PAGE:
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HE writer of the Commercial Report, at page 99 of your last Number, speaking of the Grand Junétion Canal Company, says, “The last works remaining to be executed, in order to complete their urdertaking, are the tunnel and aquedućt at Blisworth ;” but he seems not to have been aware of the extent of the works to be performed before this Company and the public can enjoy the benefits of an uninter upted navigation ; and I beg, through the medium of your Magazine, to state a few particulars relative thereto, which I have been at the pains to collect. The grand object of this canal, in connecting the metropolis by the nearest rout with the numerous canals in Warwickshire, and the other interior parts of the country, has now for a confiderable time been accomplished, though imperfectiy, by a temporary railway over the hill between Bisworth and Stoke Bruerne. The aqueduct alluded to by your Reporter, at Wolverton, near Sooney Stratford, was undertaken since the communication across that valley has been opened, by locking down into it, and up again on the opposite side, in order, by an embankment, to preserve the level, and avoid the wałe of two lockages, to which the supply of water was found inadequate. Except, therefore, the failure of the former attempt to tunnel through Blisworth-hill, and the consequent delay and expence of the railway, the I dreadful

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- For the Monthly Magazine. eEological description of south AME Rica. By the late F. A. von HUM Bo LD T.”

INCE I sent to Madrid the two first sketches of a geological delineation of South America, from the Caraccas and Nueva Valencia, I have travelled twelve hundred miles, and described a square between Caribe, Portocabello, Pimichin, and Esmeralda, a space comprehending above 59, ooo square miles; for I am not acquainted with the land between the mountain Parea and Portocabello, and between the northern coast and the valley of the Black River. In consequence of the great circumference of this district, I must content myself with delineating it in a general manner, and, to avoid details, with describing the construction of the earth, the declivity of the land, the dire&tion and inclination of the mountains, their relative ages, their fimilarity with the formation of those in Europe. These are the circumstances most necessary to be known in this science. We must proceed in mineralogy as in geography 5 we are acquainted with stones, but not with mountains; we know the materials, but we are ignorant of the whole of which they form component parts. I wish I may be able, amidst the variety of the objećts which occupy my attention during my travels, to throw any light on the structure of the earth. The laborious journeys which, for eight years, I have made through Europe had no other obj čt ; and if I have the good fortune to return to Europe, and to recover my geological manuscripts which I left behind me in France and Germany, I shall venture to give a sketch of the structure of the earth. What I have long said, that the direction and inclination, the rising and falling, of the primitive strata, the angles which they form with the meridian of the place, and with the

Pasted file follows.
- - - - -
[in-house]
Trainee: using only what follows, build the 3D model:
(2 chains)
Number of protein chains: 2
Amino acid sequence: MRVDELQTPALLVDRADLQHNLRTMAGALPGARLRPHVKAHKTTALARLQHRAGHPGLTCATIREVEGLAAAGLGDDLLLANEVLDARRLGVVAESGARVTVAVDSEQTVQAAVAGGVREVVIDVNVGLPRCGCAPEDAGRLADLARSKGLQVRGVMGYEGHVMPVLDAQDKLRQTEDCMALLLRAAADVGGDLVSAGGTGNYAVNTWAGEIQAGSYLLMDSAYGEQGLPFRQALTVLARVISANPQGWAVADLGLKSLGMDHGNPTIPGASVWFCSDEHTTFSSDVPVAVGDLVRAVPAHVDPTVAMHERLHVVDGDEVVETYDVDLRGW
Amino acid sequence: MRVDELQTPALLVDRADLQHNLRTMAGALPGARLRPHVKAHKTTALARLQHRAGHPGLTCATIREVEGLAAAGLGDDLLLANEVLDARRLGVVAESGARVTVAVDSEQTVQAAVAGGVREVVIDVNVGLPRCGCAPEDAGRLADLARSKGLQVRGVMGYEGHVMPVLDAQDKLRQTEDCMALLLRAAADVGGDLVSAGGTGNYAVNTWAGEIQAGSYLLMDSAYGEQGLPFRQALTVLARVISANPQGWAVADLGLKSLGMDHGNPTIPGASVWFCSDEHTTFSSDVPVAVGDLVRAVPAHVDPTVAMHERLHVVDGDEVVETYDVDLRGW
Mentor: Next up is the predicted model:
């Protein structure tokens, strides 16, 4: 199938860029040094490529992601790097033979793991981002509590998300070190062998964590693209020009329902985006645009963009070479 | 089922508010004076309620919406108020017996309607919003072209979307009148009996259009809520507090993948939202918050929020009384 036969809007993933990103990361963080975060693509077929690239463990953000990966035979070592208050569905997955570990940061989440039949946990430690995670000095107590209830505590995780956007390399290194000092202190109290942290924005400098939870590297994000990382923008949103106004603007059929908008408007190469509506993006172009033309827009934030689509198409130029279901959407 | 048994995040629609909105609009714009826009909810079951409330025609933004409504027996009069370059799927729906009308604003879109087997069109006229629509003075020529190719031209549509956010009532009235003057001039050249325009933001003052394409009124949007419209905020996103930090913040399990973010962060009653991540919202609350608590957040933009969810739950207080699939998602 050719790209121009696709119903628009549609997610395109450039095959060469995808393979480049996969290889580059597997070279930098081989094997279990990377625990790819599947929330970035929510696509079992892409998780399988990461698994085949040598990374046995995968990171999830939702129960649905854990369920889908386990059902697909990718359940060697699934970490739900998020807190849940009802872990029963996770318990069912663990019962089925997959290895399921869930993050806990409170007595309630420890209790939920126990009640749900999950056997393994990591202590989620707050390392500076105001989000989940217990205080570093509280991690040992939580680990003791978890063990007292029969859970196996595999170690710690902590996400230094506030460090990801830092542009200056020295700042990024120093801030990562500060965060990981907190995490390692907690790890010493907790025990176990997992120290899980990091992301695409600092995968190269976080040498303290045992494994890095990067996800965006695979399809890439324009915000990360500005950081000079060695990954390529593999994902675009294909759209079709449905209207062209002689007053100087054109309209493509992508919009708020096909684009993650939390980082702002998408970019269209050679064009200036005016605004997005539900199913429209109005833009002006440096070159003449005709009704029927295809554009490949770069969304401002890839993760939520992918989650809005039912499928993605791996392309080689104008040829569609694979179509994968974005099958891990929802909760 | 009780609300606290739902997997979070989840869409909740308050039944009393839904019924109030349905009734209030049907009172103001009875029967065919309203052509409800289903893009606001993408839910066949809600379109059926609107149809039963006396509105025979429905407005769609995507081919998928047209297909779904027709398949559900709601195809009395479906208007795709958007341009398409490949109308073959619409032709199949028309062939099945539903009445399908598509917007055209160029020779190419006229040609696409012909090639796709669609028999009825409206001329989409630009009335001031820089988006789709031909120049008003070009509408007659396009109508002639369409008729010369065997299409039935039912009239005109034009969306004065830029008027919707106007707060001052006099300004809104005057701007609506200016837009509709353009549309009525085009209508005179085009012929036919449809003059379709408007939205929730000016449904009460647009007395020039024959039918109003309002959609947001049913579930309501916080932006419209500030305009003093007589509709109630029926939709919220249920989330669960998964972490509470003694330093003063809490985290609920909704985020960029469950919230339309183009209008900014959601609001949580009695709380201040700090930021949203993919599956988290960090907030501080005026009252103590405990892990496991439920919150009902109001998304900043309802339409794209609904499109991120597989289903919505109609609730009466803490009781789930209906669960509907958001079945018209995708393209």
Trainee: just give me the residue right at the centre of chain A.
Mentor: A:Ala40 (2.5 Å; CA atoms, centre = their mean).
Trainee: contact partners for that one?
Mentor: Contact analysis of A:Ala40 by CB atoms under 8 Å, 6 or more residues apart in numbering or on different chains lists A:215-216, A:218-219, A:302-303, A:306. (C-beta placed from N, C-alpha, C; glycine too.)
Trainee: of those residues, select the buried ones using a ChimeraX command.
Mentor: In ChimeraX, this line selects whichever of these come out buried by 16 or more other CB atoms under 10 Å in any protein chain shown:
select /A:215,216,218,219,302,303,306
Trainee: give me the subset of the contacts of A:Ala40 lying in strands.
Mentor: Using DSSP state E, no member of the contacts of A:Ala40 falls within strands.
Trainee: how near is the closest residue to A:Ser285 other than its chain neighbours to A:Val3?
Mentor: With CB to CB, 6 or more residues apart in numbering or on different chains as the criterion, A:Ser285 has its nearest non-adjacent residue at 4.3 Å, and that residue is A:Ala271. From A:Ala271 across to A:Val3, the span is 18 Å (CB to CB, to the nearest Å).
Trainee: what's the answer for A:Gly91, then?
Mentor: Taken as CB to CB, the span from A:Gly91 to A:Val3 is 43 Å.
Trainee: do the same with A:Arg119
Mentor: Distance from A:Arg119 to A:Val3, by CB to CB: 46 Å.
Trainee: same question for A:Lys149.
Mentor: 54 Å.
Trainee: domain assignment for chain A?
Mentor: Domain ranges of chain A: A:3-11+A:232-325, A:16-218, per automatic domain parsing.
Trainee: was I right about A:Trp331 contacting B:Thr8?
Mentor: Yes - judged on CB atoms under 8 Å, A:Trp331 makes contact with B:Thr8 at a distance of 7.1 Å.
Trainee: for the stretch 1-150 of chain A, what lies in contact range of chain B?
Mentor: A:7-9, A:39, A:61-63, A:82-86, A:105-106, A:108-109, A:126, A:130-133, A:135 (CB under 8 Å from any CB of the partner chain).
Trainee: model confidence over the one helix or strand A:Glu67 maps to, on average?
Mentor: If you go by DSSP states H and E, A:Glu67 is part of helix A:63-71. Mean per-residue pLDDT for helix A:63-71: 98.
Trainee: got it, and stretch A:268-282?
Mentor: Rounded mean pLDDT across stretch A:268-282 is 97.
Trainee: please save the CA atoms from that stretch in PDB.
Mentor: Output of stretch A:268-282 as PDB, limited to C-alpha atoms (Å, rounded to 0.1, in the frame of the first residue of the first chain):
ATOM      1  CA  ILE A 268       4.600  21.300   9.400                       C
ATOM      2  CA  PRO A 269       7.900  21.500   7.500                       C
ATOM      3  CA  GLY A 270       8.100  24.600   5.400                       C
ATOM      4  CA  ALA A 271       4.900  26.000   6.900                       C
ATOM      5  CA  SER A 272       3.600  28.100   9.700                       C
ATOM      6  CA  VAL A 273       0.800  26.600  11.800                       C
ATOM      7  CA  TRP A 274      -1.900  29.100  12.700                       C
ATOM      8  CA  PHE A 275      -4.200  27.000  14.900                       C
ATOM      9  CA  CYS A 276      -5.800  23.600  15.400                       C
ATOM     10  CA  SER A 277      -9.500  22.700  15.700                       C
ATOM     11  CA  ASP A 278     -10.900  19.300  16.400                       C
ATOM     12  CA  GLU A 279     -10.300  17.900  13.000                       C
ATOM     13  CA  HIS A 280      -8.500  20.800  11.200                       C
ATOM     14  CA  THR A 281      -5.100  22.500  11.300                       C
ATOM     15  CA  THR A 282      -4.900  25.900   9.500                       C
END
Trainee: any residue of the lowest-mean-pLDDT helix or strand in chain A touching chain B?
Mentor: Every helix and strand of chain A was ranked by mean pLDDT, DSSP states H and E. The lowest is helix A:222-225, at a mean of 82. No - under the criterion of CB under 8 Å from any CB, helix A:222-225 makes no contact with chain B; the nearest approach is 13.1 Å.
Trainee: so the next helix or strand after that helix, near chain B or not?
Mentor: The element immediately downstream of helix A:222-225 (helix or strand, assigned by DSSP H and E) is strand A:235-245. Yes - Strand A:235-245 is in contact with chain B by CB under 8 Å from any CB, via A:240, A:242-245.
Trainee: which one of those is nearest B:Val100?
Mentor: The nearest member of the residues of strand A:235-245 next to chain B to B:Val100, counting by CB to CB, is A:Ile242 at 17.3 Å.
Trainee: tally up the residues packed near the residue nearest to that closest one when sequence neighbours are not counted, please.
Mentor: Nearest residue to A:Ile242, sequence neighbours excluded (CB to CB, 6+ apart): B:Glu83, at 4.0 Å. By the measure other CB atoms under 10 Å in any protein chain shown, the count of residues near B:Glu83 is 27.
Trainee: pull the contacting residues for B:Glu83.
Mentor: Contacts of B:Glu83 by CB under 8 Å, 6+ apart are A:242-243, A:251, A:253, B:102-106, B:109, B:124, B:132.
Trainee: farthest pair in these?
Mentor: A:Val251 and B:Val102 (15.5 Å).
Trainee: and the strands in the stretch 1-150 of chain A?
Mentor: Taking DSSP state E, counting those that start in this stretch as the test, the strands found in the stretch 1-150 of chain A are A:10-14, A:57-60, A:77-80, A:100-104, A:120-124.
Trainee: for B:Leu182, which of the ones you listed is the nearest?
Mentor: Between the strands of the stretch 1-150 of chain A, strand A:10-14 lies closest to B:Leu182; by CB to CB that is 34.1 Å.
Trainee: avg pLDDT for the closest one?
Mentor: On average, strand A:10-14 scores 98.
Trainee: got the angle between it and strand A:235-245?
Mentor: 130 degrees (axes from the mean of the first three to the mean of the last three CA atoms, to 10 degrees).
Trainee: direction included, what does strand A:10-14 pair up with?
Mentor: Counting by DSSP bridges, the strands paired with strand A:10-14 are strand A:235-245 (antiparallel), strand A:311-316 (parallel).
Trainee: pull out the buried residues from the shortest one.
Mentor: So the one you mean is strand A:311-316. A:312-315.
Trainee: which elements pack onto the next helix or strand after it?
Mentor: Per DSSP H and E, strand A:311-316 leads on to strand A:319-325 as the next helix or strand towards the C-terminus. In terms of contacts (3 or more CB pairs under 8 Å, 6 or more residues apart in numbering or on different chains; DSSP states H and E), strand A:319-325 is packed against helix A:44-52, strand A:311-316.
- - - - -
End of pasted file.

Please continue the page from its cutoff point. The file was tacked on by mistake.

axis of the earth, are independent of the

direéticn and depression of the mountains; that they depend on laws, and that they observe a general parallelism which can be founded only in the motion and rotation of the earth ; what Freisleben, Von Buch, and Gruner, have proved better than I, will be found confirmed, name

* This valuable man intended to return to Europe by the way of the Manillas; but we learn, that, while he was waiting for a ship at Acapulco, he was seized with a fever, which carried hind off in a few days. His papers and journals are, however, on their way to Europe.

*

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